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Get HTTP response codes with Python

・2 min read

You can get HTTP response codes with Python. This is great to find broken urls or redirects.

The web is dynamic. It's ever changing. Today the popular browsers are Chrome and Firefox. It used to be Netscape and Internet Explorer.

Because it's ever changing, you want to test a website for broken links (404), redirects and other errors. You can do this in Python.

To speed up testing, you want to be using threading. A thread allows you "parallel" execution. Parallel is between quotes because it's not really parallel, but multi-threaded.

So what does that look like in code?

import time
import urllib.request
from threading import Thread

class GetUrlThread(Thread):
    def __init__(self, url):
        self.url = url
        super(GetUrlThread, self).__init__()    

    def run(self):
        resp = urllib.request.urlopen(self.url)
        print(self.url, resp.getcode())

def get_responses():
    urls = ['', '', '']
    start = time.time()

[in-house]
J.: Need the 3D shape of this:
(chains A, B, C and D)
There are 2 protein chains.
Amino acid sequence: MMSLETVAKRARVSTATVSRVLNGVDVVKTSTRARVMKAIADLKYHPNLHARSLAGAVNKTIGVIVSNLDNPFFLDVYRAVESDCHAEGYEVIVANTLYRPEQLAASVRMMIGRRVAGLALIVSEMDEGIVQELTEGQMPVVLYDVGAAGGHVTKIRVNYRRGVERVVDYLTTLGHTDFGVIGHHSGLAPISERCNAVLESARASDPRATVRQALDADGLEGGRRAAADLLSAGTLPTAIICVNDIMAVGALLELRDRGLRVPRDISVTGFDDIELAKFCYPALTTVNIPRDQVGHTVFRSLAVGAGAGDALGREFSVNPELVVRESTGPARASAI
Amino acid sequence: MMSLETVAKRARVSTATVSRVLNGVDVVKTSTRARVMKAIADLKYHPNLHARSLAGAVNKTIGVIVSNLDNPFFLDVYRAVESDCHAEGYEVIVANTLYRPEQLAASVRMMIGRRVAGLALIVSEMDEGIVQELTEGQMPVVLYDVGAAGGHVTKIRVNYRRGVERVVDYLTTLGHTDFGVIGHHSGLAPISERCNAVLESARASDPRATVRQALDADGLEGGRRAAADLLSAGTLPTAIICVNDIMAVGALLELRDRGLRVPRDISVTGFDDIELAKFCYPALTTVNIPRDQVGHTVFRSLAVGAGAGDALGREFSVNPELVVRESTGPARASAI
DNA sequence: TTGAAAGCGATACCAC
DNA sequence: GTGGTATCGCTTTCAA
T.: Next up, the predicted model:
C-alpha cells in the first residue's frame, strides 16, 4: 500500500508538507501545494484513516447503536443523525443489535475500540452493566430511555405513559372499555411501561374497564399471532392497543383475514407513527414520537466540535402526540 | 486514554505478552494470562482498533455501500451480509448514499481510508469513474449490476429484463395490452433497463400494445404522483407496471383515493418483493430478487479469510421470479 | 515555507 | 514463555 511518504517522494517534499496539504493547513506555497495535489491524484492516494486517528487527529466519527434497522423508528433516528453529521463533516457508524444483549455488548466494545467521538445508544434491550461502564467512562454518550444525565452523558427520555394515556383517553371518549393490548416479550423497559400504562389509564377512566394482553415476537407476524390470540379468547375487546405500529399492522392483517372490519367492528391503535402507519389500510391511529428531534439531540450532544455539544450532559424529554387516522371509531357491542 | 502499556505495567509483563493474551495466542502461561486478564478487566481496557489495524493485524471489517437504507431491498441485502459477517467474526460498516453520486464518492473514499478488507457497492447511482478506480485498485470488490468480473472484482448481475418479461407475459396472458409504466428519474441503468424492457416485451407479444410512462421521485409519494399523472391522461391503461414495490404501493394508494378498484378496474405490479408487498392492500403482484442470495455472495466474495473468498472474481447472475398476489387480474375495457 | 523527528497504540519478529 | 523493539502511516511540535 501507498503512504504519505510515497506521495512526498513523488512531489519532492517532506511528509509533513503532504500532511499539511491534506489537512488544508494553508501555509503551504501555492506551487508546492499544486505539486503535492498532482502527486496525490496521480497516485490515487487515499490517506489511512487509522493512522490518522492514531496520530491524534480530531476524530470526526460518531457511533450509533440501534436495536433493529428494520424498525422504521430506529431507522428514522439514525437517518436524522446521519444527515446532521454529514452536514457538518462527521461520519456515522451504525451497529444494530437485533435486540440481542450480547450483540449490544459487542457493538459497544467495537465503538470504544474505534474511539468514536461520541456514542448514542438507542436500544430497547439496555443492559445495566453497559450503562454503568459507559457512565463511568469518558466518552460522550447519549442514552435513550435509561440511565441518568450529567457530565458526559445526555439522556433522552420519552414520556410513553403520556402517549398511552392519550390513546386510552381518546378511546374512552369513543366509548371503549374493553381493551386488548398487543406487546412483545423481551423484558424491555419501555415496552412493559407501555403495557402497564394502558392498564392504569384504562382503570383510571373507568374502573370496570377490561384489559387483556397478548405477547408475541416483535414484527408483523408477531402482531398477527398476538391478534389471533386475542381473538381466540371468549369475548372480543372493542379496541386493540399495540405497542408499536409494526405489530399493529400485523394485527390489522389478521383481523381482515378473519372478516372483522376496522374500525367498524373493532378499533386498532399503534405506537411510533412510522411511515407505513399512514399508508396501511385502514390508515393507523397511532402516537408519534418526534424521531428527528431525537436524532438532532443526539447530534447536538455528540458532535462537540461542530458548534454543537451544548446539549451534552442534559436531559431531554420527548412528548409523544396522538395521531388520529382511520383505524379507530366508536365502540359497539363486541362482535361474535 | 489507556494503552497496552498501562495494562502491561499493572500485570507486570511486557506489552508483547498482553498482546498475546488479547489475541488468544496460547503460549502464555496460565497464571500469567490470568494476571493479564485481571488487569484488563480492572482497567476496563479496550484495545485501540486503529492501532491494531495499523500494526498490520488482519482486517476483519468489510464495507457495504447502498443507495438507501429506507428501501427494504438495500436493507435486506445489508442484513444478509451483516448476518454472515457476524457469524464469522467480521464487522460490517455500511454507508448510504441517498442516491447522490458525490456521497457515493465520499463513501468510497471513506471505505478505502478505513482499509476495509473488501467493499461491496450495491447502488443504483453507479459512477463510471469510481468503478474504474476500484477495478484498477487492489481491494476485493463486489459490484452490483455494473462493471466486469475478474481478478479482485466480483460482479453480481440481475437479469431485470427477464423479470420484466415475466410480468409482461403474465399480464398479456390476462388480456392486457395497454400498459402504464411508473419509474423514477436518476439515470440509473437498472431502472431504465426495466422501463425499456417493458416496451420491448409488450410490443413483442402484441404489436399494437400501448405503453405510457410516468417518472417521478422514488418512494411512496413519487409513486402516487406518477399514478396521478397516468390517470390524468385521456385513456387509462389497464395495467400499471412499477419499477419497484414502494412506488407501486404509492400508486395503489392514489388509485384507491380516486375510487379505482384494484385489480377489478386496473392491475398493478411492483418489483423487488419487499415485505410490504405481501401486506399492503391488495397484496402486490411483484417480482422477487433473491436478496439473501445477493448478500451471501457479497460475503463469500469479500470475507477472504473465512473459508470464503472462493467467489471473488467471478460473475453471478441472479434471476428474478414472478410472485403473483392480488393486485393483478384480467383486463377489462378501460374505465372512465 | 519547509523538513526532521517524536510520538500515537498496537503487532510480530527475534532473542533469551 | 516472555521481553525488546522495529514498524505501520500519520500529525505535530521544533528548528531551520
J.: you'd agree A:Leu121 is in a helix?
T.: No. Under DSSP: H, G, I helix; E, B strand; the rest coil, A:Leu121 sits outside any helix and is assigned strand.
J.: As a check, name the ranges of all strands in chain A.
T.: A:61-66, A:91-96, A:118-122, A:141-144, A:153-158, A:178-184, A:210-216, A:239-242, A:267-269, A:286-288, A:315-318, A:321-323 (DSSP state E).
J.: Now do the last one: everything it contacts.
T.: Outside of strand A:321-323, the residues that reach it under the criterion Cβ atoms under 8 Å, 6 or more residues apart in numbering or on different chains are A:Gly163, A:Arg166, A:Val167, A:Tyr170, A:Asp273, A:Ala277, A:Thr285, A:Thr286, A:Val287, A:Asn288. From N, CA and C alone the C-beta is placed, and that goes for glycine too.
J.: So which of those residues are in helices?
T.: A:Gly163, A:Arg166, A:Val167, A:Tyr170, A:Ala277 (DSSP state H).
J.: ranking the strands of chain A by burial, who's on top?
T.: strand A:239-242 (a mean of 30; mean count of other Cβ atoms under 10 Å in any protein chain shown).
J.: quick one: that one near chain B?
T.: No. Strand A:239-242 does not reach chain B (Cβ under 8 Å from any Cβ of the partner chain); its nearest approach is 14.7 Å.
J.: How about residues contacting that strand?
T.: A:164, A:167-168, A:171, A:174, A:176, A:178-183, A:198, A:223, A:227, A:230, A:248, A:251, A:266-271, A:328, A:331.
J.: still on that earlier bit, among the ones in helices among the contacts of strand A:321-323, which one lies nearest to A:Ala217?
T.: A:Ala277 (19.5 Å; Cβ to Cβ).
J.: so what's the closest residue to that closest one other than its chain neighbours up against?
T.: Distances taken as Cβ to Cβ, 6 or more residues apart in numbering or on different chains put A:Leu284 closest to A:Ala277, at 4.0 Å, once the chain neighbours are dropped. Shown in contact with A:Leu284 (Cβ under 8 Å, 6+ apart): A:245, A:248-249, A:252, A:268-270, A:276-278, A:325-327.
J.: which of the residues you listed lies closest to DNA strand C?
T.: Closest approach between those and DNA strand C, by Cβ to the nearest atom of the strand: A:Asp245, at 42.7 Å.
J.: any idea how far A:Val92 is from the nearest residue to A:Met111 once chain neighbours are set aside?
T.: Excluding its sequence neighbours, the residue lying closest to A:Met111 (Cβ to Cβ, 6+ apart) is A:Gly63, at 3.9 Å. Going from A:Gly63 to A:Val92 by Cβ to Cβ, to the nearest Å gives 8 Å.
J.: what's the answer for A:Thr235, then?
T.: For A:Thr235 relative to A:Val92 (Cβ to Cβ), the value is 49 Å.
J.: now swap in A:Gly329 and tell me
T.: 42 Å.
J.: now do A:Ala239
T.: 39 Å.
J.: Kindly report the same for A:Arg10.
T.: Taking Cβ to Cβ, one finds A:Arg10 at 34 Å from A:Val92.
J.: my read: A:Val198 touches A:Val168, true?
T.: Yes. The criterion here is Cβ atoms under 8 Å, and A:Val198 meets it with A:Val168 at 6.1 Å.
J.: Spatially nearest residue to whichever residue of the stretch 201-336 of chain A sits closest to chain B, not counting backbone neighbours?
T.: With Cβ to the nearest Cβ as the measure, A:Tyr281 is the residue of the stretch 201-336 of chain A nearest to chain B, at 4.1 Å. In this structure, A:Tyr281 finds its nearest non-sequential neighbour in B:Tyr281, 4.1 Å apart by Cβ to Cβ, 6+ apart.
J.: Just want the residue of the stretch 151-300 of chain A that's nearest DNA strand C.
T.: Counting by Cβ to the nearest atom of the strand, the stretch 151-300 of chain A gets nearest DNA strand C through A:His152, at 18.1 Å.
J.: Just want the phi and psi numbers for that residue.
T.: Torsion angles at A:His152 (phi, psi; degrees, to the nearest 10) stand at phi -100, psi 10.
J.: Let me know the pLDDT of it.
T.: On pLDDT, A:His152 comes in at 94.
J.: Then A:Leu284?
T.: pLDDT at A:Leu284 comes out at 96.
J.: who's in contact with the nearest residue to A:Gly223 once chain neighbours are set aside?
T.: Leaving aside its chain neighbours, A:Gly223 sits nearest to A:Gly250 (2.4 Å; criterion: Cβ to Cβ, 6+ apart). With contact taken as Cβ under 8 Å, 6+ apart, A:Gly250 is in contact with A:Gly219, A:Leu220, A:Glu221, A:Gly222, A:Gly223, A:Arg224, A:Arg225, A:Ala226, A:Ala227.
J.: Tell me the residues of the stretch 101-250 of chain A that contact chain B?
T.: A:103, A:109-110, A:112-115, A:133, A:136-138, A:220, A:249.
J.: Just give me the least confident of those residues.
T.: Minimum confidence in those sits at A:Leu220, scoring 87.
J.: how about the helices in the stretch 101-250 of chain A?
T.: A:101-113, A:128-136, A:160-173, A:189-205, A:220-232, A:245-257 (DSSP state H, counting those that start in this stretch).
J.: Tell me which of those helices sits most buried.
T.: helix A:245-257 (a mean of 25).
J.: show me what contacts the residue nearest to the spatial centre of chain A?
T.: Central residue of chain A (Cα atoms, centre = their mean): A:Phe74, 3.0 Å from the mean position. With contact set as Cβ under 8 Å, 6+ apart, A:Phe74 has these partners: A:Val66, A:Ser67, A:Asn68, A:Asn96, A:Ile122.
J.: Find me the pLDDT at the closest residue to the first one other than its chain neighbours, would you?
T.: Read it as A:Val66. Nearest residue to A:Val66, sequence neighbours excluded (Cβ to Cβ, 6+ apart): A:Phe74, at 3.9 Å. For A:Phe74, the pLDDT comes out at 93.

threads = []
    for url in urls:
        t = GetUrlThread(url)
    for t in threads:
    print("Elapsed time: %s" % (time.time()-start))


Run to test every url in urls: 200 200 200
Elapsed time: 0.496950626373291

A response of 200 means everything is okey. If a page is not found it returns 404. Basically every code other than 200 means there's a problem.

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Discussion (2)

rhymes profile image

Since you only need to check response codes you might want to only issue a HEAD request, this way you avoid downloading the page and discard the content.

If you want to use the standard library you can do something like:

request = urllib.request.Request(url, method="HEAD")
response = urllib.request.urlopen(request)

Unfortunately this will follow redirects, so you end up issuing multiple requests.

I'm sure there's a way to ignore redirects but you'd have to check the documentation.

petercour profile image
petercour Author